"Question 46," Revisited
By William Norman Grigg
Reproduced from Pro Libertate blog.
“Hey, Will – we just got a letter from a Marine saying that he was part of a project dealing with civilian arms confiscation by the military. Are you interested?”
It had been a fairly slow morning up until the point Dave Bohon, at the time the managing editor at The New American, came down to the research department with the aforementioned letter clutched in his hands and a puzzled expression inscribed in his aquiline features.
Practically leaping out of my chair, I grabbed the proffered letter, a handwritten missive attached to a multi-page document called a "Combat Arms Survey" (scroll down). I read both the letter and the questionnaire with a sense of mingled dread and excitement.
As students of the federalization and militarization of law enforcement, my associates and I knew things of this sort had to be happening, but proving it was somewhat difficult. Here was a letter that seemed to provide the dreadful confirmation. While it would be useful to see our suspicions confirmed, we couldn't exactly take pleasure in the knowledge that one of our worst fears appeared to be taking tangible form.
The letter's return address was Twentynine Palms Marine Base in California, and the author – a Marine Lance Corporal – had provided contact information. After reading the letter three or four times, I called the phone number and contacted the Marine. We spoke for about a half hour, during which time he described the incident in greater detail. Of particular interest was the final question in the survey, which -- as we will see anon -- did indeed ask about the willingness of Marines to seize firearms from Americans, using lethal force to do so if necessary.
In that pre-Blogosphere era, we had to wait several weeks for the story to see print, but within hours of the first copies of the July 11 issue reaching subscribers our research department was dispatching fax copies of the letter and the survey - of which we had the sole original copies -- to curious and outraged people across the nation. Many of them had exactly the same reaction we did: A joyless sense of dreadful, unwelcome vindication.
The Marine was one of several hundred who had combat experience in recent deployments abroad. The conversation took place in late May 1994; accordingly, the pool of combat veterans included those who had served in Panama, the first Gulf War, and Somalia. They were assembled in a mess hall and given a 46-question survey composed by Navy Lt. Commander Ernest “Guy” Cunningham, who was working on a Master's Thesis dealing with the deployment of US military units under foreign command as part of UN-supervised missions abroad.
While there was much in the survey that a Constitutionalist would find objectionable – for instance, Marines were asked about their willingness to swear an oath of allegiance to the United Nations – the final question was positively thermonuclear:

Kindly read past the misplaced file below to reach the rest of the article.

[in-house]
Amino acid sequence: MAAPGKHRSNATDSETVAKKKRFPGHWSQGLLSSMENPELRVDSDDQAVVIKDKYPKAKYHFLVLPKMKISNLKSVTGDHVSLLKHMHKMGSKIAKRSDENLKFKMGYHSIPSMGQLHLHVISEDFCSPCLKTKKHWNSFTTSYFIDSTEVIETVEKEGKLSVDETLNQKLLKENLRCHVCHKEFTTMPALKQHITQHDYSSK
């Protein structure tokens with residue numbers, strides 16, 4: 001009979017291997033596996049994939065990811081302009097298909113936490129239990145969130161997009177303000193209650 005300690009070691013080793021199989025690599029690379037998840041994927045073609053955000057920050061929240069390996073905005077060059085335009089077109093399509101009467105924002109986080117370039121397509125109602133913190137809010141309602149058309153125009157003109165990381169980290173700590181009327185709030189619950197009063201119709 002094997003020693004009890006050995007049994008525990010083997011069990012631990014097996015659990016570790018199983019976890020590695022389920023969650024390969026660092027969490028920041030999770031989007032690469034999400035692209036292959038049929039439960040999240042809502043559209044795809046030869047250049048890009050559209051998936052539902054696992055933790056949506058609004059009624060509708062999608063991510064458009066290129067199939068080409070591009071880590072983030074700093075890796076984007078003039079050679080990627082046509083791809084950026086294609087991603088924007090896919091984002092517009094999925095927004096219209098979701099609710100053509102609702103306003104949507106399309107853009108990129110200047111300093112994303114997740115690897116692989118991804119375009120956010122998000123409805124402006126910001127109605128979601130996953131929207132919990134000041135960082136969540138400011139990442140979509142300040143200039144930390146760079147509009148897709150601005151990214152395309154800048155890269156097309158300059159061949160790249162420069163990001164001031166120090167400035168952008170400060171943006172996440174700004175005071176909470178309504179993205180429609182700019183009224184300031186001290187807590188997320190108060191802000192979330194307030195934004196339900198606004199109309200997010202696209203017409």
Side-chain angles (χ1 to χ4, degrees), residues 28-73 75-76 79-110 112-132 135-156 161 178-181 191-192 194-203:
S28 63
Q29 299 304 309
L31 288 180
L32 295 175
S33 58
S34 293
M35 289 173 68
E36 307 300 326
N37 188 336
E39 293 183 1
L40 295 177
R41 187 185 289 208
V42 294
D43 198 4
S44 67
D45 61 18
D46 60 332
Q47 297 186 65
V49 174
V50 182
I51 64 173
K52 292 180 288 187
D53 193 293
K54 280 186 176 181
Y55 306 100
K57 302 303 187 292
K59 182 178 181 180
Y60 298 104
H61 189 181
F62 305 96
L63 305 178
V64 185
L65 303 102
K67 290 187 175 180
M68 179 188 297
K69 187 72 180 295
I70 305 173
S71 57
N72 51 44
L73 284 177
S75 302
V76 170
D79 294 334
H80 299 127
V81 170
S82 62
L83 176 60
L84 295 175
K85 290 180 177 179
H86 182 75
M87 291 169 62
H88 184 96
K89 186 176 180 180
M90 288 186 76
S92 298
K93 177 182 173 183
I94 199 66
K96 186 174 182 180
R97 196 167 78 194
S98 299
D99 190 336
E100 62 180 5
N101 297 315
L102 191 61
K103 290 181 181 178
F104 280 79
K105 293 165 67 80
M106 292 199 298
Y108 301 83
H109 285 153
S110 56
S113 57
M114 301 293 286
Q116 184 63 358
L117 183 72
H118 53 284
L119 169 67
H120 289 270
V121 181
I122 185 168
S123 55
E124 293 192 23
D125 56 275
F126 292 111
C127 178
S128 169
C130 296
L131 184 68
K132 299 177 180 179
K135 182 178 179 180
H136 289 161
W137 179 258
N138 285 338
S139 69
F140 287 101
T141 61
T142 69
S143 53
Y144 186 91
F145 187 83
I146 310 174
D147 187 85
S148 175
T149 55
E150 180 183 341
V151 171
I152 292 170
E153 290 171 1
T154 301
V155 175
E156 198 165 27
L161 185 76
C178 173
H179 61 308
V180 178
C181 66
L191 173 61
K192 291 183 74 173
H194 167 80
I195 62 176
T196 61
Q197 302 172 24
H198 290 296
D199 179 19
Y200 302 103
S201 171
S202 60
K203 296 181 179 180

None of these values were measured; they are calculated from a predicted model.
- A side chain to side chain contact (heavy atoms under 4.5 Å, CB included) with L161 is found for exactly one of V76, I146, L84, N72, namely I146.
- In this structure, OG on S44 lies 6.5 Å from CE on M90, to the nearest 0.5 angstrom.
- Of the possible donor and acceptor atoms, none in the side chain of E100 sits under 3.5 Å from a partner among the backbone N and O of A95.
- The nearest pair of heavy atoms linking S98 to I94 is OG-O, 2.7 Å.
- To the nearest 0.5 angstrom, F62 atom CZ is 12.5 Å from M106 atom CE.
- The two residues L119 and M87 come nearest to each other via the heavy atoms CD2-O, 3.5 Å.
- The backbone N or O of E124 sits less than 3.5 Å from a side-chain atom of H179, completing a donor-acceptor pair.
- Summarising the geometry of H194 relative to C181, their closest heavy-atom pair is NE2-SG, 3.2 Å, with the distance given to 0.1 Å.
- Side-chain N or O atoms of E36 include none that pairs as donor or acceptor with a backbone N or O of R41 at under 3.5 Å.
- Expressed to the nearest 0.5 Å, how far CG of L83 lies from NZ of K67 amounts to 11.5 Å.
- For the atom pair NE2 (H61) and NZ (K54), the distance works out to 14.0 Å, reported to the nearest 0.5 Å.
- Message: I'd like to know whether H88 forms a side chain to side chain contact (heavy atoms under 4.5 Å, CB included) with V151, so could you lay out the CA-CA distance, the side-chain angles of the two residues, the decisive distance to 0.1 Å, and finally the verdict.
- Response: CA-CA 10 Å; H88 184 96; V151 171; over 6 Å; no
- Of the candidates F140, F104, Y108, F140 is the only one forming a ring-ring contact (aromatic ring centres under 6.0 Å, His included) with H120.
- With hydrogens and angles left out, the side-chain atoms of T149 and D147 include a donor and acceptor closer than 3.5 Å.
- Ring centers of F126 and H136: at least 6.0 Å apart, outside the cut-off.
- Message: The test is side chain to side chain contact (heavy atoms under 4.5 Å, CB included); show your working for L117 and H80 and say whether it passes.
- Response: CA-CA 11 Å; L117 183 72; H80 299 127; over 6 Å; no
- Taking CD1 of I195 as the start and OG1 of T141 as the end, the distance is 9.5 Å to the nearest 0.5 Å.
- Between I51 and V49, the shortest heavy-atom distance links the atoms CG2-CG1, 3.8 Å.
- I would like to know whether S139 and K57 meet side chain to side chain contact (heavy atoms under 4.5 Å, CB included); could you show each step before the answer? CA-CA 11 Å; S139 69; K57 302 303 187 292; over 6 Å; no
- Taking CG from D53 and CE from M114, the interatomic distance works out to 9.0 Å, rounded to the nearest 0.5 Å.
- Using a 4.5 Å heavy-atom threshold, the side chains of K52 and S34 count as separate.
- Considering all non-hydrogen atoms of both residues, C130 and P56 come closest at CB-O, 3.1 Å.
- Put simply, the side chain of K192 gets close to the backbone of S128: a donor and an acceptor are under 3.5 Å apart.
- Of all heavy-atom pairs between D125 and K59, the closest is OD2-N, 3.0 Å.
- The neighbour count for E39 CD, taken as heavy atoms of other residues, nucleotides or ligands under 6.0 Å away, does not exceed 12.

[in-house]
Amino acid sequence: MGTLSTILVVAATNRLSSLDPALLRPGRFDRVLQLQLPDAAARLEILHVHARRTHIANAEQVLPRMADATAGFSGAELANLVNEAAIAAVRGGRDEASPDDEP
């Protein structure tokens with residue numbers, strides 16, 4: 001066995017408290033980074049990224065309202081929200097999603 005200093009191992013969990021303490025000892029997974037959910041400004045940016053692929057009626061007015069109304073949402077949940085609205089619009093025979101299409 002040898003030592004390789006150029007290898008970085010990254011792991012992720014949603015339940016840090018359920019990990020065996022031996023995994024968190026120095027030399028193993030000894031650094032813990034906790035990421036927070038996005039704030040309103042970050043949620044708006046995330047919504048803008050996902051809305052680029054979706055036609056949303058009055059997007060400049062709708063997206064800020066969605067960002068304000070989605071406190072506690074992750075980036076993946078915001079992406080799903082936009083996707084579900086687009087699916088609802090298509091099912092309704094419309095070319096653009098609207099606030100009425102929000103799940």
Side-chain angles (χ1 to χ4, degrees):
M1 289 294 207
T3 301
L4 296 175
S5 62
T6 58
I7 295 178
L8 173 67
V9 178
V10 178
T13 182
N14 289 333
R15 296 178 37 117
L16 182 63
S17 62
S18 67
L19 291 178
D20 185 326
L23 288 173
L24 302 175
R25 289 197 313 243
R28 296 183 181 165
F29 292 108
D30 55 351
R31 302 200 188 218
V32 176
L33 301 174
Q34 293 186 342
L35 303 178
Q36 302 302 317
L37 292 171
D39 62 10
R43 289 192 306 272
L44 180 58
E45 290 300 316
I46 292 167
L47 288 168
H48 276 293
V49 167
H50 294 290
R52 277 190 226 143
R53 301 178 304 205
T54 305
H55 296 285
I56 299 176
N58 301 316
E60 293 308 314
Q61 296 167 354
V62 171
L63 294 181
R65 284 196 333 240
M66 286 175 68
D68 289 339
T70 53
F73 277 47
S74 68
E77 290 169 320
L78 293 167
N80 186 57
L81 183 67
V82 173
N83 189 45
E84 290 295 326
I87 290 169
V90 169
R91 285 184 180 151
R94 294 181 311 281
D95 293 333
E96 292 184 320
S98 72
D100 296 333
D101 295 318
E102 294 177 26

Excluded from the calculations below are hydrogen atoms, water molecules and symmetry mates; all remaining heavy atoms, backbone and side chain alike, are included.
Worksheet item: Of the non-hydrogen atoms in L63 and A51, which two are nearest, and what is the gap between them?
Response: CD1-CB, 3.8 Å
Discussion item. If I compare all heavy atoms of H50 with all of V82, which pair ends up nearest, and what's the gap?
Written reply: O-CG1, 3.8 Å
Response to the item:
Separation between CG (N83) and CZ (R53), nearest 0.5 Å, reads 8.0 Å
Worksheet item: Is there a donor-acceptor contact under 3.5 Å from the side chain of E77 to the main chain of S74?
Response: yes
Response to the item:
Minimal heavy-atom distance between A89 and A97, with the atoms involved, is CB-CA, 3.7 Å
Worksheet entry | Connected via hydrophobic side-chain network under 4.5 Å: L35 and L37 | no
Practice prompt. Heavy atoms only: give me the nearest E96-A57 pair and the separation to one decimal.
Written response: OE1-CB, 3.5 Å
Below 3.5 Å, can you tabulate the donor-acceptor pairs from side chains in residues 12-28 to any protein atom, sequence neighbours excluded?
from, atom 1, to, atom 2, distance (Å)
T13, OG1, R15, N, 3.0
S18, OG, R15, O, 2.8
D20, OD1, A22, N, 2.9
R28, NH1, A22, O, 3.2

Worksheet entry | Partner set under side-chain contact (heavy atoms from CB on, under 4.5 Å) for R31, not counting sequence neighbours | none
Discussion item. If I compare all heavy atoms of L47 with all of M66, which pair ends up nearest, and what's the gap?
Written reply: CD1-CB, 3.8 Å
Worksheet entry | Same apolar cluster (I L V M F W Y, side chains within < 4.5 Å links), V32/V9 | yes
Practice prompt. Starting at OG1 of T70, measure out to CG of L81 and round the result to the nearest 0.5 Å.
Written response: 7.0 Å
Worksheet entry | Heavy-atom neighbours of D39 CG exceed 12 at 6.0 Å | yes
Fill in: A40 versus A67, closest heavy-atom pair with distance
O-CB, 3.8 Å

“The US government declares a ban on the possession, sale, transportation, and transfer of all non-sporting firearms. A thirty (30) day amnesty period is permitted for these firearms to be turned over to the local authorities. At the end of this period, a number of citizen groups refuse to turn over their firearms. Consider the following statement: I would fire upon US citizens who refuse or resist confiscation of firearms banned by the US government.”
As it happens, Lt. Cmndr. Cunningham was not promoting civilian disarmament, or the cession of the US military to UN control. He was using his survey to determine the extent to which such policy choices would have the support of military personnel who had served in combat abroad.
When Cunningham released his findings it was revealed that more than 61 percent of the Marines who took the survey responded that they wouldn't carry out such an order under any circumstances. Many of them took the time to expand upon their answers through comments in the margin of the survey, often written in language that would bring a maidenly blush to the gnarled cheeks of Deadwood's Al Swearengen.
Of course, it was gratifying as it is to know that most of the combat veterans surveyed by Cunningham emphatically rejected the concept of domestic civilian disarmament by the military. However, the study did suggest the existence of a sizable pool of military personnel willing to carry out that mission.
In that particular group, 79 Marines – a little more than a quarter of those surveyed -- replied to Question 46 in the affirmative, a response Cunningham said “showed an alarming ignorance of the Posse Comitatus Act ... and of how to treat an unlawful order.”
Now, roughly fifteen years later, it's hardly clear that the order to gun down American civilians defending their innate right to armed self-defense would be considered unlawful, at least in a positivist sense, by a majority of service personnel.